Before The Dinner Party was complete, Judy Chicago was a guest instructor at California State University at Fresno (in its prior identity as Fresno State College) around 1970-1971 (amazing, eh?), as I recall. She and the wonderful women of the Women and Art and the Women's Studies programs were exceptionally instrumental in raising my consciousness about women and art history in general and also about the wonderful female iconography which is so beautifully present in The Dinner Party. When The Dinner Party appeared at the San Francisco Museum, a number of us car-pooled from Fresno to see it.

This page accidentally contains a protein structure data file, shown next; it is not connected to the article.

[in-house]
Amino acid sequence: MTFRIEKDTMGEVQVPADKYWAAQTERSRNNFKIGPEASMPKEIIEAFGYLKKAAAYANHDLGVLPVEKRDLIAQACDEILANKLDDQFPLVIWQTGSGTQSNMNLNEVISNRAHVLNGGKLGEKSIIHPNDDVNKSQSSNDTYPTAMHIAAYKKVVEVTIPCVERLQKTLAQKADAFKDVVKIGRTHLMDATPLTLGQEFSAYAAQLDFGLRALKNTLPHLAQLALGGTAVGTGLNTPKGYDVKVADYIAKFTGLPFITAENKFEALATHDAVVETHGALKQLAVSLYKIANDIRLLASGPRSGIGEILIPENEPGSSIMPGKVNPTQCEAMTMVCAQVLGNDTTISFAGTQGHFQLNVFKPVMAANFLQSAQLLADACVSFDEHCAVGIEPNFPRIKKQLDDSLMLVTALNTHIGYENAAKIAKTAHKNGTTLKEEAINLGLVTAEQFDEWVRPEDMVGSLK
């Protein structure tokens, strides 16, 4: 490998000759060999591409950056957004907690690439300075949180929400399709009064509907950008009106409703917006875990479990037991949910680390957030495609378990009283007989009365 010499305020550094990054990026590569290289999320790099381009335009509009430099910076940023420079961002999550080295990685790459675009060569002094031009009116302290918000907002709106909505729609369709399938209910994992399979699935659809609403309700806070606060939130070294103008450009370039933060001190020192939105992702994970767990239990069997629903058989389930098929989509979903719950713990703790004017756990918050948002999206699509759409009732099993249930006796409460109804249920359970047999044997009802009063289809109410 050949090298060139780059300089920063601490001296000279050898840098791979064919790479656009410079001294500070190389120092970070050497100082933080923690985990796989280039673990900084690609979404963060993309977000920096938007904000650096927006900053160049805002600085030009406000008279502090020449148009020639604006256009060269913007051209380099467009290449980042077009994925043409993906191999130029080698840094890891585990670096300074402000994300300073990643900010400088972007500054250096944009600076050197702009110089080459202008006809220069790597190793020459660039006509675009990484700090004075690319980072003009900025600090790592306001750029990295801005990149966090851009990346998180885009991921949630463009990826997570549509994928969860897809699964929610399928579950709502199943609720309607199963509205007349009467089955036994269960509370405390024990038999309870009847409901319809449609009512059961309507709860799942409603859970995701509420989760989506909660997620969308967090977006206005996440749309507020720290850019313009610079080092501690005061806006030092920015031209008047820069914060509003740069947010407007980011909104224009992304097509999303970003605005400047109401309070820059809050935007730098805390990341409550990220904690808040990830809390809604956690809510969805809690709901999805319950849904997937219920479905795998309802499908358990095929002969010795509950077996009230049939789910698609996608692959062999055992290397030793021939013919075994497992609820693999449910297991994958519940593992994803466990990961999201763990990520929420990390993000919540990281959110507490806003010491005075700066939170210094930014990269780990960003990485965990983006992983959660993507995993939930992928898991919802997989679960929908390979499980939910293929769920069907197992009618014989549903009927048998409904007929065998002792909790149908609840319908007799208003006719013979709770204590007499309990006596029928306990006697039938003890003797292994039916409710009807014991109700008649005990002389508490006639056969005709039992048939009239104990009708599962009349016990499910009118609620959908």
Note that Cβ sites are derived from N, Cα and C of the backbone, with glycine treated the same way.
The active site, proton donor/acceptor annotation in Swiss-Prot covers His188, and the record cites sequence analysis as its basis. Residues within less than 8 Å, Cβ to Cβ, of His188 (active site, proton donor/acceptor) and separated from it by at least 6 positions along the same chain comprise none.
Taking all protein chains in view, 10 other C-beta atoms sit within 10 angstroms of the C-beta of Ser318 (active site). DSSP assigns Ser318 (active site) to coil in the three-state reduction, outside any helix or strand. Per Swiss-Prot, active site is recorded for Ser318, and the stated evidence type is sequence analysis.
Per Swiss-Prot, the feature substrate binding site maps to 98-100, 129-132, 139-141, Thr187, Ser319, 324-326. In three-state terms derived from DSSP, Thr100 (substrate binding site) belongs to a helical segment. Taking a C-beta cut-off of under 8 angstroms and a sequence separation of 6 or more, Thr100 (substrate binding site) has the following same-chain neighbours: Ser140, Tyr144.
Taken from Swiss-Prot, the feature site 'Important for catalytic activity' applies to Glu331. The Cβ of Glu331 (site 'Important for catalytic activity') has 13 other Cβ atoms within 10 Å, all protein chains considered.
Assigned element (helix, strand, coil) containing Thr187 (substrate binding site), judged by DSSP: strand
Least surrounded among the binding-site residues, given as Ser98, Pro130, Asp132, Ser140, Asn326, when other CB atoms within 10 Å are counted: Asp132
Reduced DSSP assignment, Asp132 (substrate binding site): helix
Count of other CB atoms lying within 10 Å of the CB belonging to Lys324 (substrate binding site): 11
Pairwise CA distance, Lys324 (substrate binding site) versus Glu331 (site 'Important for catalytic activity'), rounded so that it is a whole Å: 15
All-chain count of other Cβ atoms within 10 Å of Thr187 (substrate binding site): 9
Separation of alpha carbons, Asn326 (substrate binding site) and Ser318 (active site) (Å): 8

What I like best about The Dinner Party, beyond its incredibly clever and poignant presentation of lost her-story, is that the combined artistic media are those that are historically women-centered: lace making, ceramic painting, quilting, other textiles, embroidery, etc. I think I remember Chicago saying that the women's altar guild of a church assisted her with many of the textile portions. So much the better for its respect for the unrecognized work and dedication of "church ladies" and, yet, seen from today, its irony.
Thank you, Judy Chicago, for giving us your many layered, multi-dimensional, insightful, beautiful, impeccably researched, poetic, memorable Dinner Party. It is a feast for the senses and the mind. And thank you for turning embarrassment and shame about my lady parts into pride and appreciation for their beauty.